Alligator (Lewis Teague / U.S., 1980):

It begins where Herzog’s Caves of Forgotten Dreams later ended, a viscous reptilian eye gazing back at the jaded audience. Gator-wrestlin’ in Chicago sets up an easygoing joke played most wryly, urban rot and unease illuminated by a girl’s tiny pet that’s flushed down to the subterranean bowels where it grows mighty and ravenous. Dead pooches dumped into the sewers and severed human limbs fished out of the drain sludge, a circle of life that mystifies the detective (Robert Forster) almost as much as his own receding hairline. Dog-snatchers, tabloid crusaders and police rookies turn up dismembered in the lower depths, where a synthesizer riff on the Jaws theme announces a gargantuan pink maw. (He Walked by Night is possibly Lewis Teague’s visual model, with snapping mandibles added to compositions of dark blue streams and undulating searchlights.) A "synthetic form of testosterone" is behind the mutant, its previous owner is a scientist (Robin Riker) who now prefers snakes. Bring on then the SWAT team and the big-game hunter (Henry Silva), who hits on a reporter by imitating an alligator’s mating call: "If I couldn’t get killed chasing it, what fun would it be?" John Sayles’ screenplay is a rough-draft for his later environmental ensembles, knowingly referencing Freud’s "illicit desires" and Ramón Santiago’s canvases when the homegrown Godzilla isn’t poking its snout through the sidewalk. The subversive mayhem hits some sort of peak when City Hall (Jack Carter) and Big Pharma (Dean Jagger) get together for an al fresco wedding, only to have their limousine pummeled into the ground by the scaly animatronic. A dynamite purgation segues into a nod to The Third Man, and there you have an update of The Giant Gila Monster for a new decade in sore need of one. With Michael V. Gazzo, Sydney Lassick, Perry Lang, Bart Braverman, Angel Tompkins, and Sue Lyon.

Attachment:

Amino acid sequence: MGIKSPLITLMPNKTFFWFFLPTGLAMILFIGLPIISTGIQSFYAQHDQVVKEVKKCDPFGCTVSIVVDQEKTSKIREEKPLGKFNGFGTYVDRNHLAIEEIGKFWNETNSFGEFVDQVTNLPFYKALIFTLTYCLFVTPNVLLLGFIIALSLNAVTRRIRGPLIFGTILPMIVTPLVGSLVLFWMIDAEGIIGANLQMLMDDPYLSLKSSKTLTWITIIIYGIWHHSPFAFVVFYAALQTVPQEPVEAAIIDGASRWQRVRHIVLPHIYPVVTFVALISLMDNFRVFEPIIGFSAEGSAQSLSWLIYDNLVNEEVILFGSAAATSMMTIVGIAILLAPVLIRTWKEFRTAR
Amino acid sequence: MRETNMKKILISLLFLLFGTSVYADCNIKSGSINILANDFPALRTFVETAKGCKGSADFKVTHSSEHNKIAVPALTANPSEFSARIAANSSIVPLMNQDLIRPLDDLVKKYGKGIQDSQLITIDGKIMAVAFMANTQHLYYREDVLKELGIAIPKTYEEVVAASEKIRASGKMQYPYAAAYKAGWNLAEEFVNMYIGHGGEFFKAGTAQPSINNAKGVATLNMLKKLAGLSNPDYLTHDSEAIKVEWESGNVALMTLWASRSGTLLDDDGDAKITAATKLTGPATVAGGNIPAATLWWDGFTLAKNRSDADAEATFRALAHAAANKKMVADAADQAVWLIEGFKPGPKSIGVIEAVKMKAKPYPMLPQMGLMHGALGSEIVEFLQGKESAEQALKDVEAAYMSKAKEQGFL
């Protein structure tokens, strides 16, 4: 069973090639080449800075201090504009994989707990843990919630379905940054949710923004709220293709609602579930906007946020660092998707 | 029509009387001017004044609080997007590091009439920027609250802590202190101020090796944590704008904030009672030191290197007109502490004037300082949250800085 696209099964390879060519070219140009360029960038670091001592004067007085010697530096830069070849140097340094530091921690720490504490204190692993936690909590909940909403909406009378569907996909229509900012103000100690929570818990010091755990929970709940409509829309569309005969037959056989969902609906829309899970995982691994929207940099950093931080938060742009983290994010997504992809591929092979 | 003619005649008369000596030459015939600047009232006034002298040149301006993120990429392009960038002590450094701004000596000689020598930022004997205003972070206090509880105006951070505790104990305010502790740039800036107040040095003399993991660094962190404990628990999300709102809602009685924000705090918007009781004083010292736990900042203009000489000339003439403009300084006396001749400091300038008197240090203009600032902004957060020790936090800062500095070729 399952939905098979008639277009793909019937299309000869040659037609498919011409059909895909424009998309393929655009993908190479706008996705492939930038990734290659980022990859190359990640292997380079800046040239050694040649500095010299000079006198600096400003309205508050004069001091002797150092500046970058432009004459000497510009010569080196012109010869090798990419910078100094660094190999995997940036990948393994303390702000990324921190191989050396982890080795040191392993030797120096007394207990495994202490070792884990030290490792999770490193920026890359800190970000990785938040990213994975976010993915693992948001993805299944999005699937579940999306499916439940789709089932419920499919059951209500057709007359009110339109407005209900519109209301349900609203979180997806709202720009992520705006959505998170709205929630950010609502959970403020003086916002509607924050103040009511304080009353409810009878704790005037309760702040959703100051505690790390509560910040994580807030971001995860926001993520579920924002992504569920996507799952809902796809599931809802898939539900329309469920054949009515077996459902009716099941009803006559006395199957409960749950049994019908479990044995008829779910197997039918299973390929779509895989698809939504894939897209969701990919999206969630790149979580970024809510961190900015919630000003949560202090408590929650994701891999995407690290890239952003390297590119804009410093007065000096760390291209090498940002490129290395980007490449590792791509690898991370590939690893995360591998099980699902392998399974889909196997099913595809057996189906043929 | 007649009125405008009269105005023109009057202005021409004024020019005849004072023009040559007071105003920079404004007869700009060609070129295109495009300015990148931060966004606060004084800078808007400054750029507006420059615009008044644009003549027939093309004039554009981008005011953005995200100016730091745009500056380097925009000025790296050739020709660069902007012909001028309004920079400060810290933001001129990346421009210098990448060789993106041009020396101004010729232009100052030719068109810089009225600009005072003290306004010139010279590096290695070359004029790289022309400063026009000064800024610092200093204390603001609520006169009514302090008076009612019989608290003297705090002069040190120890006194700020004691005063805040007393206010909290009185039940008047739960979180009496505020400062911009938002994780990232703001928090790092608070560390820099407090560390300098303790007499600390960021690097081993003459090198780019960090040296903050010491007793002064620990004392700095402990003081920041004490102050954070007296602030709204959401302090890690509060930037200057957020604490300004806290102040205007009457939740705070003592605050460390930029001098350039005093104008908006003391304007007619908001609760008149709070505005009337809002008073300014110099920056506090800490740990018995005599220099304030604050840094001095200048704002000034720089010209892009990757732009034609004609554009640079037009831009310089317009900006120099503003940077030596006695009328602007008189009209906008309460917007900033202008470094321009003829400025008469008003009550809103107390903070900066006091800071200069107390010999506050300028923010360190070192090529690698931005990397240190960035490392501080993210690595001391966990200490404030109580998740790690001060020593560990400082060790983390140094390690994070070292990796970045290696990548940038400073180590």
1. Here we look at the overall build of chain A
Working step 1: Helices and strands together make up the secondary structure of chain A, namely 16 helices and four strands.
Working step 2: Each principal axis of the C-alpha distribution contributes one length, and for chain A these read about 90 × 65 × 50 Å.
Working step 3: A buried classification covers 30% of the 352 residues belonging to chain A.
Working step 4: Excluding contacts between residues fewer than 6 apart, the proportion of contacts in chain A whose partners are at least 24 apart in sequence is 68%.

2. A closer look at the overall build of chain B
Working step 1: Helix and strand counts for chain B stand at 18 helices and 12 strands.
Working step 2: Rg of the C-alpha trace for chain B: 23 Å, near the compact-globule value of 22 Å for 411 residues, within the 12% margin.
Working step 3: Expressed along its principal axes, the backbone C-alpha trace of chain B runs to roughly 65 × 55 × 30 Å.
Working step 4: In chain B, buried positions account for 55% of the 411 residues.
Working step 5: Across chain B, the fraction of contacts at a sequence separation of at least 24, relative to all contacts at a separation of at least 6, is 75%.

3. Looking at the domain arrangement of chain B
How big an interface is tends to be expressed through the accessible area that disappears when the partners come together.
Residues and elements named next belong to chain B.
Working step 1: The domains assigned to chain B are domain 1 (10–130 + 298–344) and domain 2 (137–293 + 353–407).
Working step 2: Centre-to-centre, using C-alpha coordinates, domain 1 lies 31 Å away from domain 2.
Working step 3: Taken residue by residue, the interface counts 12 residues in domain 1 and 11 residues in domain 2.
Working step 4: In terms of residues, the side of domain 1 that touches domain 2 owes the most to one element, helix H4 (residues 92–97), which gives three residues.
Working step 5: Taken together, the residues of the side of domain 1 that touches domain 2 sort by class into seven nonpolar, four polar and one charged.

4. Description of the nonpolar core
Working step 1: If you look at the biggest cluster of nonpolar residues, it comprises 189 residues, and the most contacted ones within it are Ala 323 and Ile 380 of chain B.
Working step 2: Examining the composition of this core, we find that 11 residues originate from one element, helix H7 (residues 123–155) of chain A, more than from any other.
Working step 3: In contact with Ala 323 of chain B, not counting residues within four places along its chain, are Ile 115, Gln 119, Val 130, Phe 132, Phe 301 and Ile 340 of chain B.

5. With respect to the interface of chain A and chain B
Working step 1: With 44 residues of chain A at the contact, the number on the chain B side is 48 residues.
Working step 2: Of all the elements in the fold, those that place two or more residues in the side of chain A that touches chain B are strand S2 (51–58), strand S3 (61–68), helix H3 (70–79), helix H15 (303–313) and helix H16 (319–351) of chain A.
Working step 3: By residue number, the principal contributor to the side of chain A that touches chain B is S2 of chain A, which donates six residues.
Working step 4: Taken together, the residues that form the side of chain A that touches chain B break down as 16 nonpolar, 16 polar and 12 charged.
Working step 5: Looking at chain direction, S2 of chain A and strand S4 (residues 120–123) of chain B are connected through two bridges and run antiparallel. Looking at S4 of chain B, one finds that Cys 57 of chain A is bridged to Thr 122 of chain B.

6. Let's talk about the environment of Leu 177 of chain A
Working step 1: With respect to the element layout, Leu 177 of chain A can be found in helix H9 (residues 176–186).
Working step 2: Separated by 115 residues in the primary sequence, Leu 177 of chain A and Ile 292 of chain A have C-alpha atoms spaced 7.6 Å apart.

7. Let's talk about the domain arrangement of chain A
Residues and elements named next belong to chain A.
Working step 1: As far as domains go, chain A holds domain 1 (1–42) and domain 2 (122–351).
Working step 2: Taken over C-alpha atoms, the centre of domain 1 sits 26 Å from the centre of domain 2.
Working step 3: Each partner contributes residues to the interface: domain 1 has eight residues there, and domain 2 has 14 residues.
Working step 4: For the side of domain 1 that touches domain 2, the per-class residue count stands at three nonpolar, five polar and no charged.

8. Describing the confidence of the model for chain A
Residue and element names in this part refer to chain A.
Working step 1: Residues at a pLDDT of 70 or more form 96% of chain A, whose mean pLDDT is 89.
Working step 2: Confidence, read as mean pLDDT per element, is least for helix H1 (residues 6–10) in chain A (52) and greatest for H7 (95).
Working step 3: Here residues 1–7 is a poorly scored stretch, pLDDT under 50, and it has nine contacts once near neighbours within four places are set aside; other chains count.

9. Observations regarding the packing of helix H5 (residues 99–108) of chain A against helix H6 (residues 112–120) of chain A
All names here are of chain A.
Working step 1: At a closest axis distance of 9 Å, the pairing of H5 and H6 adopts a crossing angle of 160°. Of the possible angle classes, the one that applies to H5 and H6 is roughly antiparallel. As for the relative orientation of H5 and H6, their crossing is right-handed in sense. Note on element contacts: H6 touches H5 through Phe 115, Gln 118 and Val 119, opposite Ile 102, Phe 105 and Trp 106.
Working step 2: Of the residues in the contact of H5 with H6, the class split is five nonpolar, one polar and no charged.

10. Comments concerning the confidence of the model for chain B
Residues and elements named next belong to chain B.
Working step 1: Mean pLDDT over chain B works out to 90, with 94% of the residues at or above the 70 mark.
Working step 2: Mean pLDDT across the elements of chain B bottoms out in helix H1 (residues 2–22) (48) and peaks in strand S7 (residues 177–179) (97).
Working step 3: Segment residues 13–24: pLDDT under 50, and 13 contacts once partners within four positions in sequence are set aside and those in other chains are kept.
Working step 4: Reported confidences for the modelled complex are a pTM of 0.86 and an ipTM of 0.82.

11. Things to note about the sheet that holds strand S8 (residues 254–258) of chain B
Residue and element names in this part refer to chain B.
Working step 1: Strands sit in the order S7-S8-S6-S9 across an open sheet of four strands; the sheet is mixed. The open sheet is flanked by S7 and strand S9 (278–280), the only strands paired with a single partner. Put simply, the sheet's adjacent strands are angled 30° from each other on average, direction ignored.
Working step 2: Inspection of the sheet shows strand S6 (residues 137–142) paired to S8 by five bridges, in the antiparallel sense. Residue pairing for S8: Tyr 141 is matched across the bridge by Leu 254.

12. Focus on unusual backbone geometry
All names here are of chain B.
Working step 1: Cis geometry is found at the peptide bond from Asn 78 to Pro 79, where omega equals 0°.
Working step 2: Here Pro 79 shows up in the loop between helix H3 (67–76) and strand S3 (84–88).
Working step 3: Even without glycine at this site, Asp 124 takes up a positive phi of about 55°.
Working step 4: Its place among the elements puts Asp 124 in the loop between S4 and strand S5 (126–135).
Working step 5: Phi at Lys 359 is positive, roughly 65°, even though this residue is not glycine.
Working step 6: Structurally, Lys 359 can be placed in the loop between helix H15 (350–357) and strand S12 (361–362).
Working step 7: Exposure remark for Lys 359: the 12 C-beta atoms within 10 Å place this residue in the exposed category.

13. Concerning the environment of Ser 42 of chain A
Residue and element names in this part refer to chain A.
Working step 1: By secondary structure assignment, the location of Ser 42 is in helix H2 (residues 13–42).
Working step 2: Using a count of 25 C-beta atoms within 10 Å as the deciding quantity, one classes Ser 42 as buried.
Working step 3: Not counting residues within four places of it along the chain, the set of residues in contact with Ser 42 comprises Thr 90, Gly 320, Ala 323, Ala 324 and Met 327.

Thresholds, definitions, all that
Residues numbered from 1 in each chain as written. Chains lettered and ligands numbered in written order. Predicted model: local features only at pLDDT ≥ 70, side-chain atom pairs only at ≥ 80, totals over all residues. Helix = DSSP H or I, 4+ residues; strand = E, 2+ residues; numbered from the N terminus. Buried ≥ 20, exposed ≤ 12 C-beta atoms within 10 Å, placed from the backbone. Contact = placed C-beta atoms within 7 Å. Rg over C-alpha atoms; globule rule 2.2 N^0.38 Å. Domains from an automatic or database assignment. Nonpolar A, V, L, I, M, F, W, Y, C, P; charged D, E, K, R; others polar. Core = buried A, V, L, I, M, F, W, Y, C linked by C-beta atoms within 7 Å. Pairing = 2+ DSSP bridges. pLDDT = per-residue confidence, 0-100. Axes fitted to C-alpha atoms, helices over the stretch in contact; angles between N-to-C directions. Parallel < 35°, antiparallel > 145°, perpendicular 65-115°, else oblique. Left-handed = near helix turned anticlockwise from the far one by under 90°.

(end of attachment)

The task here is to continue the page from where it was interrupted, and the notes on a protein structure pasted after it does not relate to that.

--- Fernando F. Croce

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